We’ve already written twice about the copyright issues being considered this summer before various agencies and branches of government – all dealing with music licensing issues (see our previous Summer of Copyright articles here and here). The pattern continues, as the Copyright Office has now requested further comments on music licensing issues, following up on its roundtables held across the country during the month of June to discuss its music licensing inquiry begun in the spring (see our summary of the initial Copyright Office notice on its study, here). In yesterday’s Federal Register, there is a notice asking a series of questions about specific issues that were raised in the roundtables which the Office apparently finds to be of significance. Additional comments on these issues, and on any related issues affecting music licensing, are due on or before August 22.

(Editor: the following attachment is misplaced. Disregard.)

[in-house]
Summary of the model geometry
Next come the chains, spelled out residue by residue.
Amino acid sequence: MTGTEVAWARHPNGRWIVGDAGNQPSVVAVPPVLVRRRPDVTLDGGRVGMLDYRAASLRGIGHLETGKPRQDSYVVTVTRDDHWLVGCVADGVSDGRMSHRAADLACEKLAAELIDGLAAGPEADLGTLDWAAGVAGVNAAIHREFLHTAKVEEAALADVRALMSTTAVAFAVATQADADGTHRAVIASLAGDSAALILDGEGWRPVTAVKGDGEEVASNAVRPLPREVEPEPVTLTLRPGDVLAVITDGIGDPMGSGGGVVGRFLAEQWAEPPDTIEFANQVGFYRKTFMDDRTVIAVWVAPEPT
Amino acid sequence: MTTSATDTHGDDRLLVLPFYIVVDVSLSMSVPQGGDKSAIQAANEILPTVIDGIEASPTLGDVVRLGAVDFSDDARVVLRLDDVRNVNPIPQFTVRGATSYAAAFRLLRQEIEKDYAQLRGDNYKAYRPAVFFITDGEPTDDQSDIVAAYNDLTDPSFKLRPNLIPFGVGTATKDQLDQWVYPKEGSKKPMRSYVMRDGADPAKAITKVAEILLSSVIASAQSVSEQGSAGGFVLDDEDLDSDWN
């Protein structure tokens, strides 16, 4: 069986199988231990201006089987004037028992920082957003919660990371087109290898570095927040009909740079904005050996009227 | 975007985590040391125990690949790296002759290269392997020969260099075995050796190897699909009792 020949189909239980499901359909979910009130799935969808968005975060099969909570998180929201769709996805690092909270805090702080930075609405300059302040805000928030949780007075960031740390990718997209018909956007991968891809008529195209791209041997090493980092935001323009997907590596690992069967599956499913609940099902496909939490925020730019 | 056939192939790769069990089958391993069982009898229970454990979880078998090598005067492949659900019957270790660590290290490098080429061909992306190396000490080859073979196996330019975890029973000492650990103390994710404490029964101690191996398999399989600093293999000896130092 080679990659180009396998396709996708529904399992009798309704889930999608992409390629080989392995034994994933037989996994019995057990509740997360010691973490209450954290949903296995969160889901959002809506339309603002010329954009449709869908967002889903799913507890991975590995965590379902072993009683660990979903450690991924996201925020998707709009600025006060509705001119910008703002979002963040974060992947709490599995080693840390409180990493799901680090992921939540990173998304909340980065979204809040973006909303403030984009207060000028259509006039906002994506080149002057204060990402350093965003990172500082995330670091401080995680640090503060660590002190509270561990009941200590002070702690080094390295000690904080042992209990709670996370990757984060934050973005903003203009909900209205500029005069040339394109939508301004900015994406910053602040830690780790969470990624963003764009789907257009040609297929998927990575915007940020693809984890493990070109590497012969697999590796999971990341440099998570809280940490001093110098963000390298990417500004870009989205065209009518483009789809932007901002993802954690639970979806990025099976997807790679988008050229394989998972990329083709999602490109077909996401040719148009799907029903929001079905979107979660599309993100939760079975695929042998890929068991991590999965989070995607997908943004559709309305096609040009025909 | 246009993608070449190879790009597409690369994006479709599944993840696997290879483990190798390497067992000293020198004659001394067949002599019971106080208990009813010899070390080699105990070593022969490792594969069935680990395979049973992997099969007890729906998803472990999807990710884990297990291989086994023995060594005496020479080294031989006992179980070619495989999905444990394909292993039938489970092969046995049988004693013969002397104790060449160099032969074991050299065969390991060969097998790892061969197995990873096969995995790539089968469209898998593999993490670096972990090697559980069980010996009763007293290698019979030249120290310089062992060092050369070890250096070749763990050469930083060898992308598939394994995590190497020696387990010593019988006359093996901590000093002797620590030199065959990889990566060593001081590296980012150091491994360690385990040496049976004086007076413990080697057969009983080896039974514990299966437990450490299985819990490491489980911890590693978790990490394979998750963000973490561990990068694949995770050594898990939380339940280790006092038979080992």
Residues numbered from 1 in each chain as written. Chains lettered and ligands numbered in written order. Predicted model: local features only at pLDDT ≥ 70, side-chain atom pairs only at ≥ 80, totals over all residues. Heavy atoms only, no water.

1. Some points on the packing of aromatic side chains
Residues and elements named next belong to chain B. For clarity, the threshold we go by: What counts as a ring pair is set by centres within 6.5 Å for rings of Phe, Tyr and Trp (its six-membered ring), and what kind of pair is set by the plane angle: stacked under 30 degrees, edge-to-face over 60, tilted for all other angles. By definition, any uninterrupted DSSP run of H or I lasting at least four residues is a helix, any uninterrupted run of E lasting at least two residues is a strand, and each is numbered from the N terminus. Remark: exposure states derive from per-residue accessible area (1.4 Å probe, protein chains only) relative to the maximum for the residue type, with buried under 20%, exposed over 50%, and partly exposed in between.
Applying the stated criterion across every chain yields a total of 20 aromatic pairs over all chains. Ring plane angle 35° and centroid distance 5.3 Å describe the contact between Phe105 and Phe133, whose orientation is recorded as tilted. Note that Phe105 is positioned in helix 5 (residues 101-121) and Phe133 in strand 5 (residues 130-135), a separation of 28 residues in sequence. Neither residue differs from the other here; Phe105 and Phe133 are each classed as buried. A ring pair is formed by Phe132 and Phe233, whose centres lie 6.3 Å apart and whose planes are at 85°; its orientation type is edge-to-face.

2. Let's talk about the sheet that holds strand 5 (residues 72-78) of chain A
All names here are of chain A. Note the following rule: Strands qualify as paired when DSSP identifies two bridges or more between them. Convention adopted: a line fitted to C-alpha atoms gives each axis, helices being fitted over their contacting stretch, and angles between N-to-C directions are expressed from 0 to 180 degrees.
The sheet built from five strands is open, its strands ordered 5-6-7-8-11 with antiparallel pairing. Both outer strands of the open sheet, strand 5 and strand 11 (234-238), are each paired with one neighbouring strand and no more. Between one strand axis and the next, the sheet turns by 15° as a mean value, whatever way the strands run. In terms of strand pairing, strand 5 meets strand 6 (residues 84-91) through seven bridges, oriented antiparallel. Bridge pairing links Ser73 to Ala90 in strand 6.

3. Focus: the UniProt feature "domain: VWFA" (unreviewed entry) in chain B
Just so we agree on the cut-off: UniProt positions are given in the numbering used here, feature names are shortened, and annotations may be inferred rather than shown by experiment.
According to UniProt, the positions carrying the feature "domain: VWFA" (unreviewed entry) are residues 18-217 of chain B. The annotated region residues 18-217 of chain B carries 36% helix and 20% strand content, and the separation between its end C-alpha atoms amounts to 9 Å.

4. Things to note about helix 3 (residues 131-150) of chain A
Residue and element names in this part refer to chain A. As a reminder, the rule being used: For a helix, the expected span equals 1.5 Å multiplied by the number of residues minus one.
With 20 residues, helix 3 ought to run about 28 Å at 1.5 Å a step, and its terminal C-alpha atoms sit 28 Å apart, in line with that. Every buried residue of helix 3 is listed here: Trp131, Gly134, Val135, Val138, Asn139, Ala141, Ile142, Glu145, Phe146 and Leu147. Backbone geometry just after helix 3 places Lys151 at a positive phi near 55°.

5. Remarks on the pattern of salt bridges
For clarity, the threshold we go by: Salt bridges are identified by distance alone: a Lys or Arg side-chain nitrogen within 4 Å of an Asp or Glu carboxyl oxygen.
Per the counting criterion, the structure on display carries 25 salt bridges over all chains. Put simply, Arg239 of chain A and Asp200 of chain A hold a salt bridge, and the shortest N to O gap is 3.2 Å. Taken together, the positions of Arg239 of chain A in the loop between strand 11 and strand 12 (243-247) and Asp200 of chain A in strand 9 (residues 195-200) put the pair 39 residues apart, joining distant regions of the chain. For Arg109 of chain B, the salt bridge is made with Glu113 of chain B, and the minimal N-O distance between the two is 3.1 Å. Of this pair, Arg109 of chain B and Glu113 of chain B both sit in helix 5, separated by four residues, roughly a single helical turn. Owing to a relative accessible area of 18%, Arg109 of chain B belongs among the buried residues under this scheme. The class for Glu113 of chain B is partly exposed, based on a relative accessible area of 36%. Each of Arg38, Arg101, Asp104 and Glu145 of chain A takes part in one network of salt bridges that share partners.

What are the questions being asked by the Copyright Office, and what do they portend for its ultimate recommendations to Congress who, as we recently wrote, is itself considering music licensing issues and the potential for a comprehensive reform of music licensing in this country? The areas in which the questions are being raised are not new ones, but instead continue the themes raised in other forums this summer. They include questions as to how withdrawals of major publishers from the Performing Rights Organizations (ASCAP and BMI in particular) could affect those organizations. We first wrote about potential publisher withdrawals and the impact that could have on music services back in 2011. Also, on a related question, they ask why, when these organizations have collected record amounts of money in recent years, songwriters are complaining that they are economically struggling. In addition, questions are asked about the procedures used by the Copyright Royalty Board in their rate-setting process and whether those procedures should be revised, how better identification of musical works and sound recordings could be adopted to make recordkeeping and royalty administration easier, how a system of setting mechanical royalties could work without a statutory license, and whether there are international licensing models that might be adaptable to the US market. Some details below. Continue Reading